Facebook & Alfresco Help Signal The End Of Today's Definition Of ECM

by Kyle McNabb.

Alfresco recently announced integration with Facebook. The news works well for Alfresco, which continues to demonstrate a bit more edge thinking in the world of ECM than their commercial counterparts IBM, EMC, Oracle, and Open Text. Facebook's not making a big deal out of it, which should be expected considering their exploring what it means to deliver applications to businesses at this point.

Last October we published research entitled 'The Top Five Technology Trends That Affect Your Enterprise Content Management Strategy.' One of the most important trends we singled out was a trend we refer to as Tech Populism — or how the technology we use at work continues to find its way into the home (Outlook calendars and Microsoft Office for example), and, more interestingly, the technology we use at home — or our own personal technology — continues to find its way into work (Facebook, LinkedIn, and iPods for example). Many of us will increasingly use online social networks such as Facebook and LinkedIn to help us get our jobs done. And sometimes getting our jobs done will require we work with, collaborate on, and access content (e.g. documents, presentations, spreadsheets, and rich media assets). Alfresco's tapping into this trend, hoping to beat some of their commercial ECM peers to the punch, and be in front of the early enterprise adopters of Facebook that need a little ECM help.

But Facebook isn't going to be your answer for all things ECM. Instead, you should look at this as a sign of things to come. Content, and content repositories for that matter, will be wherever people work. And your organization's not going to be able to stop every employee from using online social networks like Facebook if it helps the employee get their job done. But how should you think about this trend?

ECM's still valid...

Look, you still have a ton of unmanaged and underutilized content in your organization. Transactional business processes need content to be more efficient — e.g. accounts payable, new account opening in Financial Services, claims processing, and license renewals in local governments. And we're just starting to tap into the persuasive power of content as organizations try to use content, across multiple channels (not just the Web site) to improve the customer experience. And there's a mountain of content stuck on network file shares that need to be put to use to help improve how information workers get their jobs done more effectively. My contention: You can't put this content to use if you don't manage it. You need to manage this content to ensure you've got a single source of the truth, that you have the right content ready for use, and that you know where to get it. And from there you can use metadata to help drive it into the way a transactional business processes (supported by business process management technology), business people (supported by collaboration technology, including Web 2.0), and your customers (supported by marketing platforms, CRM, and ecommerce technology) work with your organization. That's why we asked ECM suite vendors what BPM, collaboration, integration, and document output management technology they have to offer in addition to their core ECM suite in our recent ECM Wave evaluation — it's about helping put managed content to use.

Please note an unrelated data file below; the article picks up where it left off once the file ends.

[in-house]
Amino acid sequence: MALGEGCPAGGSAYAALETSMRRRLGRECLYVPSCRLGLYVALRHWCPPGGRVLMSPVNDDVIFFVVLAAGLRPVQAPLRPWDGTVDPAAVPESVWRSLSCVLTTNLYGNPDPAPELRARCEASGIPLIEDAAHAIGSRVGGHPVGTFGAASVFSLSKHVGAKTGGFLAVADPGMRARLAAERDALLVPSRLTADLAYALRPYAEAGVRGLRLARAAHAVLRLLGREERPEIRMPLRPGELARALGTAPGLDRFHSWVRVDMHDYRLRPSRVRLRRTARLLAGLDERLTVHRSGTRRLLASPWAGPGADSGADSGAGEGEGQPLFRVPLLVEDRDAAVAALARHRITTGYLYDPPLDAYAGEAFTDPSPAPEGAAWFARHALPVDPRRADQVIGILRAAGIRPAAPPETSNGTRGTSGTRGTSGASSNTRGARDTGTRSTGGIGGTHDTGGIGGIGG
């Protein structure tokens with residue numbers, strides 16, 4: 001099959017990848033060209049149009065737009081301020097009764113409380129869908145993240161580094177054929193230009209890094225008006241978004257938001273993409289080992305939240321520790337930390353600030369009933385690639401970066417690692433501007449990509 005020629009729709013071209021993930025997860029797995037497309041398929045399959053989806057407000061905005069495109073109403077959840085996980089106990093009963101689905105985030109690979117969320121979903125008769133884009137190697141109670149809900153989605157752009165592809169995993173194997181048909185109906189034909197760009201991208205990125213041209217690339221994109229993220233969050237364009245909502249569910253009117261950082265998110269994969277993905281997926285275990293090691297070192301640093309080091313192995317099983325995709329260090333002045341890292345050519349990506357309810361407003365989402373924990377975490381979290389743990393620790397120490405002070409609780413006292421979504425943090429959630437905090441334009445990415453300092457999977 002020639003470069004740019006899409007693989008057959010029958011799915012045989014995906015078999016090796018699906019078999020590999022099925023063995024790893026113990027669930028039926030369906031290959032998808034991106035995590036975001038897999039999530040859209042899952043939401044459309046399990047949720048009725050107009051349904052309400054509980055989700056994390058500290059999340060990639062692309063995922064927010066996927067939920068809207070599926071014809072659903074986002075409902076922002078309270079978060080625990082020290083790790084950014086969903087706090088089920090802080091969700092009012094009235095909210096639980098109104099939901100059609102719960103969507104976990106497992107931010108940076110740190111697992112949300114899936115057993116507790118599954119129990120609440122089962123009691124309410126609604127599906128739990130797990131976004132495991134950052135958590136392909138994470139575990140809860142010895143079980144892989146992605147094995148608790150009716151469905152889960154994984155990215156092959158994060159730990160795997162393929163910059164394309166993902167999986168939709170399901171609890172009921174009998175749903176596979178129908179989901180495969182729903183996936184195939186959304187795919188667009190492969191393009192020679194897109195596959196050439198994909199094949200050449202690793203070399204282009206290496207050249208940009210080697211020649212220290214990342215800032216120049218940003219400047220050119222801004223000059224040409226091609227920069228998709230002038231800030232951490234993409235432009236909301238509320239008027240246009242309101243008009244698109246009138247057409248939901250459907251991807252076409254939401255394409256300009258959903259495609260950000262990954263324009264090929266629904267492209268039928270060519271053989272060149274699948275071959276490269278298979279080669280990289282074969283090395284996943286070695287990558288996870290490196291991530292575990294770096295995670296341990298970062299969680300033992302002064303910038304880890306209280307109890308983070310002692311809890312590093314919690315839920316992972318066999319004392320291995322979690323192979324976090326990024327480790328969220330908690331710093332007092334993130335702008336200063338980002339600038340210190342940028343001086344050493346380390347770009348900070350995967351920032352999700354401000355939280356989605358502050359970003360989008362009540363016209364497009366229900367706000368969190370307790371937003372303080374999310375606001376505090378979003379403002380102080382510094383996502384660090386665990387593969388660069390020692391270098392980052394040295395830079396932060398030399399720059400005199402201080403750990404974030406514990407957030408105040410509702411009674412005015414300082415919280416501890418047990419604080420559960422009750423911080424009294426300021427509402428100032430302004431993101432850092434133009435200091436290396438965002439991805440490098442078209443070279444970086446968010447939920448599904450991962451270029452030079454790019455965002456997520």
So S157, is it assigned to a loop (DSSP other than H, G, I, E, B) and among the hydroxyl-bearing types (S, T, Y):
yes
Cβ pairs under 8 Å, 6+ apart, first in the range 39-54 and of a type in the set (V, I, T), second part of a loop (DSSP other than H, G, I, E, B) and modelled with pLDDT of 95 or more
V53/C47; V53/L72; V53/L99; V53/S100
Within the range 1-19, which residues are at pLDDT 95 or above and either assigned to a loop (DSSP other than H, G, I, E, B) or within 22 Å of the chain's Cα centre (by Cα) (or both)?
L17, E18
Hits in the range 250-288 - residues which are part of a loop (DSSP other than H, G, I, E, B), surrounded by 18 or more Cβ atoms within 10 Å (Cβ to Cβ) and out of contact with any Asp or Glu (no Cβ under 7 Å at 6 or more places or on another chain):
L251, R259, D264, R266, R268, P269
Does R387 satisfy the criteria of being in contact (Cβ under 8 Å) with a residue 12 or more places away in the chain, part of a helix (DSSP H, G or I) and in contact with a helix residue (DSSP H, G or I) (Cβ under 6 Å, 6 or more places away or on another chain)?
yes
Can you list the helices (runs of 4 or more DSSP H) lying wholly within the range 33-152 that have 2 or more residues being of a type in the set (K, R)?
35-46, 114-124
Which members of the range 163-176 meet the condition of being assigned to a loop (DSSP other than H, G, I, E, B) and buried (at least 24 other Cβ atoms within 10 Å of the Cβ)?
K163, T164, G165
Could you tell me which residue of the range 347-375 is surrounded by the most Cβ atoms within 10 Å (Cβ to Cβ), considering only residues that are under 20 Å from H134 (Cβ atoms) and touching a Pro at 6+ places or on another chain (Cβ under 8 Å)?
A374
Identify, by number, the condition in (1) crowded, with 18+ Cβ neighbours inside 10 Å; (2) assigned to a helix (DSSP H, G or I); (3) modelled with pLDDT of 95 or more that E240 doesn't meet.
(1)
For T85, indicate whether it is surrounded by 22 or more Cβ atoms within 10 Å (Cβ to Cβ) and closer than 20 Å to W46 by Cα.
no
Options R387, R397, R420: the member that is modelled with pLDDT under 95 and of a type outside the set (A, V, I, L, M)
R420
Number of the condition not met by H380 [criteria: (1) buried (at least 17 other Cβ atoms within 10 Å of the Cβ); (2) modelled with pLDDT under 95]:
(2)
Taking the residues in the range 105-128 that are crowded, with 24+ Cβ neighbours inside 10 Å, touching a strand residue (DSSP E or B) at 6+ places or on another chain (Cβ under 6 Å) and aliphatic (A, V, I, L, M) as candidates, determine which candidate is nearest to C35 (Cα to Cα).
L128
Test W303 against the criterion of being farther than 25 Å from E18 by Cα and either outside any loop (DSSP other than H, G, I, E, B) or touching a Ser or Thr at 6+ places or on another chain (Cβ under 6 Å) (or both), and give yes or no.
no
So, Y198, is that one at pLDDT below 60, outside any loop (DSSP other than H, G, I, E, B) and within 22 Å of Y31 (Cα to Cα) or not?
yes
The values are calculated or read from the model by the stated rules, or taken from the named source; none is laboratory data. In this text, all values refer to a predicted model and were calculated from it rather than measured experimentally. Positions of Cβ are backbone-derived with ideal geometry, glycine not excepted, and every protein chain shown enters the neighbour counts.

...but ECM's definition is changing quickly thanks to more pervasive content usage

The usage of online social networks plus the pervasive use of Microsoft SharePoint document libraries and Lotus Quickr document repositories will soon put an end to the notion that content has to be in a repository to be managed and secure. Face it, without an ability to dictate what technology their employees use to get their jobs done, organizations have to shift their ECM focus from repositories to figuring out how to extend the security and management of content beyond the repository, and onto the content asset. You'll soon have to work on answering questions of 'How do we make sure our people can work in Facebook, but not take contracts in there that may put us at risk?' Or what about 'How can we let our engineers work in Second Life, but make sure they don't bring in sensitive designs that may get lost or stolen in this unsecured environment?' ECM has to do more than just provide the repository, it has to provide some of the answers for how do you effectively manage the asset, regardless of where it lives.

The future's about policy management, just not today's policy management

Tomorrow, in order to facilitate the way people and business processes work with content, repositories will still be in existence — hey, not all content's going to be useful or needed in a social network. But organizations, and information & knowledge management professionals, will want a way to define and enforce how this information gets managed, how it gets retained, and MOST IMPORTANTLY, how it will be used, regardless of where it physically lives — Facebook, Microsoft SharePoint, or on my dreaded C: drive (I can never find anything on it). We asked ECM vendors what rights management technology they have in our ECM Suites Wave to help understand what they're doing to help you answer these important questions. Frankly, I don't think today's rights management really addresses the concerns highlighted above, but it is a start. And maybe thanks to Alfresco working with Facebook, we'll see rights management evolve into what it needs to be. Stay tuned...

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